Acting Assistant Secretary Aponte: Good. Those are probably three key points in the region. The policy in relation to Cuba if the policy is irreversible; what the government and the Obama administration have tried to do is make the policy solid the policy of... with regard to Cuba. We have made exchanges, we have had meetings, recently we had one on human rights that would have been unthinkable... six months ago, but it was held. Naturally, it’s at these meetings that we realize how different the perspectives are, in terms of how we see things. However, it’s important to maintain these dialogues, it’s important to have these dialogues, because changes are built slowly, positively, by speaking about them and exchanging opinions, exchanging impressions, answering questions and being open. In terms of the Cuban policy, the next administration, no matter which one, will of course have to take some decisions on what they want to do, but what the Obama administration wanted to do was to establish the policy in a way that made it solid and firm…and so that it would be part of the fabric, not the fabric, the cloth; I’m thinking in English, sorry. “Diplomatic fiber” is the word I was thinking, within the diplomatic structure of the United States. In regard to development processes in Colombia, yes, the United states has plans to participate in economic development processes, especially in rural areas, in areas where, until now, it hasn’t been possible to work consistently because these areas were dangerous and were areas where the guerrilla was active and were… and there are still some issues there because there are still mines. That’s why Secretary Kerry, during the opening of the United Nations, had a meeting with other countries in order to raise money to clean those rural areas of mines and be able to move forward with economic development and yes, USAID is going to be active in training, not just agricultural, but training for people that need skills, but skills they can use, whether inside… in the agricultural areas wherever they are, or in the rural areas wherever they are, and in the cities. The question is being able to support the Colombian people to help them do what they want to do.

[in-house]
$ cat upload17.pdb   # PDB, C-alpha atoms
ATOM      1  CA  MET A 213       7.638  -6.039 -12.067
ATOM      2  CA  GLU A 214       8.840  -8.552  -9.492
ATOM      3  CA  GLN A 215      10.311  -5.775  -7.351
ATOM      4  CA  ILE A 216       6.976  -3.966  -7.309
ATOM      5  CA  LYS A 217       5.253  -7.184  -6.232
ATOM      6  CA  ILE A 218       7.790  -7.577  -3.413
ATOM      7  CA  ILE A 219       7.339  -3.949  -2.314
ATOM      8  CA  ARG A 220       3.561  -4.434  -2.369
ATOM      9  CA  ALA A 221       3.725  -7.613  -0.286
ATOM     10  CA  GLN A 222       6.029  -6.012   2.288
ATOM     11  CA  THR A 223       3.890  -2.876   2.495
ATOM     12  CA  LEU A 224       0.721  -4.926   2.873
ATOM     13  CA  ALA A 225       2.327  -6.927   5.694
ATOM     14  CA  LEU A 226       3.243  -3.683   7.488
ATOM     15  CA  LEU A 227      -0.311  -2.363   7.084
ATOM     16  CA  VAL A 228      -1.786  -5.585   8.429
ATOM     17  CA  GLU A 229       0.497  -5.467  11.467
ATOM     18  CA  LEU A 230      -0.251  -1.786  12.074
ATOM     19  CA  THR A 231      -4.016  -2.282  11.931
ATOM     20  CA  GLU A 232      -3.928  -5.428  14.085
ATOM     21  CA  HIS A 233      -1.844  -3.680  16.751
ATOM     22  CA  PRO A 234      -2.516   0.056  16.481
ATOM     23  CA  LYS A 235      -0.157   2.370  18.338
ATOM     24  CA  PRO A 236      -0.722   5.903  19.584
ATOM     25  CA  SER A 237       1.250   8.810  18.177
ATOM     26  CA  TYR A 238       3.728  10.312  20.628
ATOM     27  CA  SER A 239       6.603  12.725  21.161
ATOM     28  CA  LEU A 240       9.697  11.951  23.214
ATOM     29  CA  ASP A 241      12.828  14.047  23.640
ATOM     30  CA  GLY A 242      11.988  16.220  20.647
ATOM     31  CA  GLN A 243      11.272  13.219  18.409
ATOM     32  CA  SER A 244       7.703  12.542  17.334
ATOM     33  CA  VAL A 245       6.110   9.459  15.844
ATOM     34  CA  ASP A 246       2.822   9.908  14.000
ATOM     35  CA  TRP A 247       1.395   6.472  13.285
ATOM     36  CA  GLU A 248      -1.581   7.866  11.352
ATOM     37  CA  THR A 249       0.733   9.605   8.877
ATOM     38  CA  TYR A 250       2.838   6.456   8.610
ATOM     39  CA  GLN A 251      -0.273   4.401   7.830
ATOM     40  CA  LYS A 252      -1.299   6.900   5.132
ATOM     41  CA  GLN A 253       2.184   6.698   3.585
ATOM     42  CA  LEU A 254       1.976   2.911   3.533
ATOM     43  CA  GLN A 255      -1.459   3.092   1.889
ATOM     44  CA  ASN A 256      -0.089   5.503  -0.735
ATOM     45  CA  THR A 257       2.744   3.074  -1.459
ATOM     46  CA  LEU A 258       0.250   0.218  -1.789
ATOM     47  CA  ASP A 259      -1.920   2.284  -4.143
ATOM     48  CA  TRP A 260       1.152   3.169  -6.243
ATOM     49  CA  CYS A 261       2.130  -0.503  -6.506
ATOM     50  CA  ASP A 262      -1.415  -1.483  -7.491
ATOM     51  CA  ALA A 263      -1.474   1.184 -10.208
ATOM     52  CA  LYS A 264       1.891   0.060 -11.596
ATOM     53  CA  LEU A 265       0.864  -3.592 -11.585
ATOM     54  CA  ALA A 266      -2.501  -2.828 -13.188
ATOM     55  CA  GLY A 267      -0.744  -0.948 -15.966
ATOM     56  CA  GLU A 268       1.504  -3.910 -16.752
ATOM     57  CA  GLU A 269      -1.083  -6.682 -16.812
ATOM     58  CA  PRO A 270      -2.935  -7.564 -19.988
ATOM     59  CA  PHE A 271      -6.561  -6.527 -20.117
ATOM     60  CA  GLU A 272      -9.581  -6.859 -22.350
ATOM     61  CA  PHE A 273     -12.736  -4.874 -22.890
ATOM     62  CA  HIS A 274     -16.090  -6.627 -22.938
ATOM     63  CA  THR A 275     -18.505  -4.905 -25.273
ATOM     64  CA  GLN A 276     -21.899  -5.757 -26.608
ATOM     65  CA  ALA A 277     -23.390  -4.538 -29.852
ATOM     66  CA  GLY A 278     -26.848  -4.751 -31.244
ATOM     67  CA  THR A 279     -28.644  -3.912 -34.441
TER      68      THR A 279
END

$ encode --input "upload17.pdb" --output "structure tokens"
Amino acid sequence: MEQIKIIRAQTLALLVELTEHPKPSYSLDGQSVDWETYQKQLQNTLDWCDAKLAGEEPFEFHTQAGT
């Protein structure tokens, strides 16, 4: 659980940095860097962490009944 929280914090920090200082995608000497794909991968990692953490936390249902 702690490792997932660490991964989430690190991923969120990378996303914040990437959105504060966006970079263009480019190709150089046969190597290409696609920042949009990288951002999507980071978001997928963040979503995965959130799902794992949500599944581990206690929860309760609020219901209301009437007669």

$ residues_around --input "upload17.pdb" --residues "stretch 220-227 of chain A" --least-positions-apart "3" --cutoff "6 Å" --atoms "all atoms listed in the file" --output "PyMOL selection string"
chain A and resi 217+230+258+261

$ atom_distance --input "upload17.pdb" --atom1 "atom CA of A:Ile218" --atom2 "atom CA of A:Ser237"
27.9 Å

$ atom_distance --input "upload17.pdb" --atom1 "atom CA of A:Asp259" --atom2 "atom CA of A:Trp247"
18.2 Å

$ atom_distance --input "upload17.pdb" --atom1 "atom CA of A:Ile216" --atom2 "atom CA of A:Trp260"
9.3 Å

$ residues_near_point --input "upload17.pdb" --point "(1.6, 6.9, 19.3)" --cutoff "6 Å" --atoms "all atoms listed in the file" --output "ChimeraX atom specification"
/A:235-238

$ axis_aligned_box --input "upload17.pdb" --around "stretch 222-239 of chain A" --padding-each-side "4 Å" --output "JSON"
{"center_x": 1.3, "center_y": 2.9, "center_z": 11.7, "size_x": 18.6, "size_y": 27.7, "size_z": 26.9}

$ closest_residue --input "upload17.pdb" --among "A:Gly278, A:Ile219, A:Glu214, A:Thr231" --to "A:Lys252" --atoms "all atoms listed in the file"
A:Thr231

Lastly, in Venezuela: the dialogue topic is an issue that…it’s a complicated issue and we have happily welcomed the Vatican’s participation in these conversations, since both parties, both the government and the opposition, had requested help in order to move forward with these conversations. Since Sunday, we have seen some progress. This progress is slow, but we, the United States, support it and one of our most important and highest ranking diplomats, Thomas Shannon, is in Venezuela right now in order to provide support and give a message of support and relevance to these conversations.

ATT Operator: [unintelligible], the next question.  [unintelligible] to queue up the question. Once again, star 1, please.

Acting Hub Director Katie Caro:  Do you have anyone else in the queue?

ATT Operator: We do not.